Amazon is in the process of developing two smartphones, one inexpensive model and one with a 3D eye-tracking interface, TechCrunch has learned. The details are somewhat sparse, but are corroborated by sources and reports from earlier this year.
Amazon is planning two devices, the first of which is the previously rumored ‘expensive’ version with a 3D user interface, eye tracking and more. Both devices were under the ‘Project B’ moniker before the news was leaked on WSJ earlier this year. The expensive model’s code-name has since been changed to ‘Duke’ and now ‘Smith’ – and a release is not planned this year.
Details of the devices appeared on a HN posting via a throwaway account earlier today and TechCrunch verified some aspects of the posting with our sources and came away with some additional information.
They match up with details from the WSJ report:
But the people familiar with the plans said the smartphone and set-top box are just two elements of a broader foray into hardware that also includes the audiostreaming device and the high-end smartphone with the 3-D screen.
Inside Amazon’s Lab126 facility in Cupertino, Calif., where each of the devices have been under development, the efforts are known as Project A, B, C and D, or collectively the Alphabet Projects, said the people familiar with the plans.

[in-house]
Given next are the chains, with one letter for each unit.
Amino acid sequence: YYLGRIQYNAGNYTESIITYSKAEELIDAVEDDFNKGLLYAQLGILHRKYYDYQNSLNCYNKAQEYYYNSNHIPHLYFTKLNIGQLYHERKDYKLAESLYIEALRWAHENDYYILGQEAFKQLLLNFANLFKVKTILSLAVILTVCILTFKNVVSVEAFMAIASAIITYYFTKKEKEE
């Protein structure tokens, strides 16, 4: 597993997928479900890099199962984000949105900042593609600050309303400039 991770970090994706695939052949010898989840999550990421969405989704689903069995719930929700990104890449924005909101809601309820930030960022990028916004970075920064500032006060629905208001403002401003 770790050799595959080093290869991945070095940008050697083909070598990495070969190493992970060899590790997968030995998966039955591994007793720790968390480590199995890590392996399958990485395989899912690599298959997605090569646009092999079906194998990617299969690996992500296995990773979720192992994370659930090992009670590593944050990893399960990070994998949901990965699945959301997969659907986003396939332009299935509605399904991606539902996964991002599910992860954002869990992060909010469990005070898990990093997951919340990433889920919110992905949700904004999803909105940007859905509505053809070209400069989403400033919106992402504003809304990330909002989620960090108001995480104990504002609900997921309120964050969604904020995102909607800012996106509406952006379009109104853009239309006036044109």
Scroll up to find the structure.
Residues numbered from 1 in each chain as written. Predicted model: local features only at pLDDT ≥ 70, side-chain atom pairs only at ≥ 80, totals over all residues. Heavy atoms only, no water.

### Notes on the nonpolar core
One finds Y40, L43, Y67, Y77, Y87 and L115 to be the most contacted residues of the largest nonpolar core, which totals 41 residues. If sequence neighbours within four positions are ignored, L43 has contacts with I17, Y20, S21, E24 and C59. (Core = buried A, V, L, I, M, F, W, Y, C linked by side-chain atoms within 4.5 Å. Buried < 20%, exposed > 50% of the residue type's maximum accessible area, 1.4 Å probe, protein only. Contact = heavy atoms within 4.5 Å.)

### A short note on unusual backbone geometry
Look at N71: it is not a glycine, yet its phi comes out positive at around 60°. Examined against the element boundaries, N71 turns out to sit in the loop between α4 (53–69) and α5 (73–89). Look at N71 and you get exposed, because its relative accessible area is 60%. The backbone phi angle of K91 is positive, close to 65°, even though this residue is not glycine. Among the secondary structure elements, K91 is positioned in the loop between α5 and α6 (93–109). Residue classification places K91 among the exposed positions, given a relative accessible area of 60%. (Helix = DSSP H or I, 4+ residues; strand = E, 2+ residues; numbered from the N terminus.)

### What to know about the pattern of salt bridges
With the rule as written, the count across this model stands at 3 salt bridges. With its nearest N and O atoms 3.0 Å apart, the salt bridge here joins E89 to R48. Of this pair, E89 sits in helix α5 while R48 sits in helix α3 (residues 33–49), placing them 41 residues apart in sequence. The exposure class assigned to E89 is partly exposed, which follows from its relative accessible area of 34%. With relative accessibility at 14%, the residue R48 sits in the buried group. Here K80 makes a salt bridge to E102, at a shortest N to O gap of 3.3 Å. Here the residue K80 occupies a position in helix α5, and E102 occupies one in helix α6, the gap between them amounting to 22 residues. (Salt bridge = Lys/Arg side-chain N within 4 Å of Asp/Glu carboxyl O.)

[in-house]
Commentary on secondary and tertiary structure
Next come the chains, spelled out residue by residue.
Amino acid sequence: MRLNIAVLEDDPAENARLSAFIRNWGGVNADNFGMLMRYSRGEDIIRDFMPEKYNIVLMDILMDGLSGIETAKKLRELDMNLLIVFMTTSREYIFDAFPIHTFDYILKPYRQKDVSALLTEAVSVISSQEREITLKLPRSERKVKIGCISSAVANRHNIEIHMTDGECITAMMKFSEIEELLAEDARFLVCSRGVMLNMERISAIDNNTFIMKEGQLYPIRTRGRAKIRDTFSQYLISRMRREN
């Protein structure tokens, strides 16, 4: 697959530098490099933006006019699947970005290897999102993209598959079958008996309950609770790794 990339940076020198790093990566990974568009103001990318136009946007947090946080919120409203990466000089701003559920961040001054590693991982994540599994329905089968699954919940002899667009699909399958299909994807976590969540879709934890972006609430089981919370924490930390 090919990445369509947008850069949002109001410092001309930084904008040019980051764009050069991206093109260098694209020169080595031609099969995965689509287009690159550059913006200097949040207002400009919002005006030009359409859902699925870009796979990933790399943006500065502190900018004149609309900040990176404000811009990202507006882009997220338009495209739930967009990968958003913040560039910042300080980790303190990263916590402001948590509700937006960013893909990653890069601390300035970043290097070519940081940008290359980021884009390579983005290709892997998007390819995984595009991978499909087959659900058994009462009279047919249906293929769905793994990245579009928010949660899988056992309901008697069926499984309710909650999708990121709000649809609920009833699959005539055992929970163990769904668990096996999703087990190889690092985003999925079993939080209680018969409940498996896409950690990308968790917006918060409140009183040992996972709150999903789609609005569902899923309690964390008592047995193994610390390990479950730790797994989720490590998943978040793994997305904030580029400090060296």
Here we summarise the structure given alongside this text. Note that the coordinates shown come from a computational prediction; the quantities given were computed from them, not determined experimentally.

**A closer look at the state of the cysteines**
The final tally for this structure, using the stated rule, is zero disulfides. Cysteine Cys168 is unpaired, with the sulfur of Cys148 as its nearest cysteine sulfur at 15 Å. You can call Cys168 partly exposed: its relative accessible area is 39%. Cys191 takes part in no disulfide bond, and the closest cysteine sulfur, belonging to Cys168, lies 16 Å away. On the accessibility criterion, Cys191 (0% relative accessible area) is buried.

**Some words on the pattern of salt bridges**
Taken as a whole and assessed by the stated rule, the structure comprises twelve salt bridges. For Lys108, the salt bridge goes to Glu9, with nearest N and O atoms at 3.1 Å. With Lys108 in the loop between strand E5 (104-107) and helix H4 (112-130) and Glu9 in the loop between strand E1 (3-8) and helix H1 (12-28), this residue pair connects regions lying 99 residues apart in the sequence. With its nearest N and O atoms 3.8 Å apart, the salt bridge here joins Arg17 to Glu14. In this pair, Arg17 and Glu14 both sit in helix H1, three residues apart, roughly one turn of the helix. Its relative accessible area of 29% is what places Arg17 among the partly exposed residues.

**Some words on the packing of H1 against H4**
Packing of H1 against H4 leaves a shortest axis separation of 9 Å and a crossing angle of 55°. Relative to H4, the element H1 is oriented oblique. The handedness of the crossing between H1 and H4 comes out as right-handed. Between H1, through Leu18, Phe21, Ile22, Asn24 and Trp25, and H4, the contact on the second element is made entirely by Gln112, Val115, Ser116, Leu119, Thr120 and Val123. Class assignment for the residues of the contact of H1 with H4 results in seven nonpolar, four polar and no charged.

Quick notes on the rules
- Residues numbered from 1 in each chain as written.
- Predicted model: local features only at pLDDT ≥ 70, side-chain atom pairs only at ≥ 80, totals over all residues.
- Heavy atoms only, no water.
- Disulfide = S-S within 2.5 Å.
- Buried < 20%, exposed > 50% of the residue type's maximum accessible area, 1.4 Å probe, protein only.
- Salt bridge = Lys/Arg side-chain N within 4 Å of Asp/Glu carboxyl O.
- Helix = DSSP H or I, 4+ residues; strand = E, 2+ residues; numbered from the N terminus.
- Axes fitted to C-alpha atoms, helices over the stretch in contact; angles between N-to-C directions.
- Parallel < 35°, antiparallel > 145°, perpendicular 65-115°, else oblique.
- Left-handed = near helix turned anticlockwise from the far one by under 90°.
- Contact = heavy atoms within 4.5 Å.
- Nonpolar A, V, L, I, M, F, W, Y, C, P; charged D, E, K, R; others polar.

The ‘Smith’ project includes a device that sounds like a bit of a hardware beast. The screen itself is not 3D but the device features four cameras, one at each corner of the device that will be used to track eye and head motions in order to move the interface around to ‘give the impression’ of 3D. Instead of using the phone’s internal sensors, like Apple does with iOS 7, it would base the movements off of the user’s point of view. Theoretically, this will provide a more accurate 3D representation of the screen’s contents.
There has been some software testing on a feature that will recognize the user’s face and ignore other faces around it, so as not to project 3D perspectives that are proper for your neighbors, but not for you.
Another feature said to be planned for the device, but not yet locked for release, is an image recognition feature that lets users take a shot of any real-world object and match it to an Amazon product for purchase. The possibility of this object recognition model offsetting some of the cost of the device through purchases by users is mentioned in the posting.
Four cameras (5 including a rear camera for shooting images) would be a large additional expense, so it’s tough to imagine that making it to market, and it’s not needed for motion tracking. But it could be necessary for the object capture mode, and Amazon could be looking for a differentiating feature that sets its devices apart from the crowd.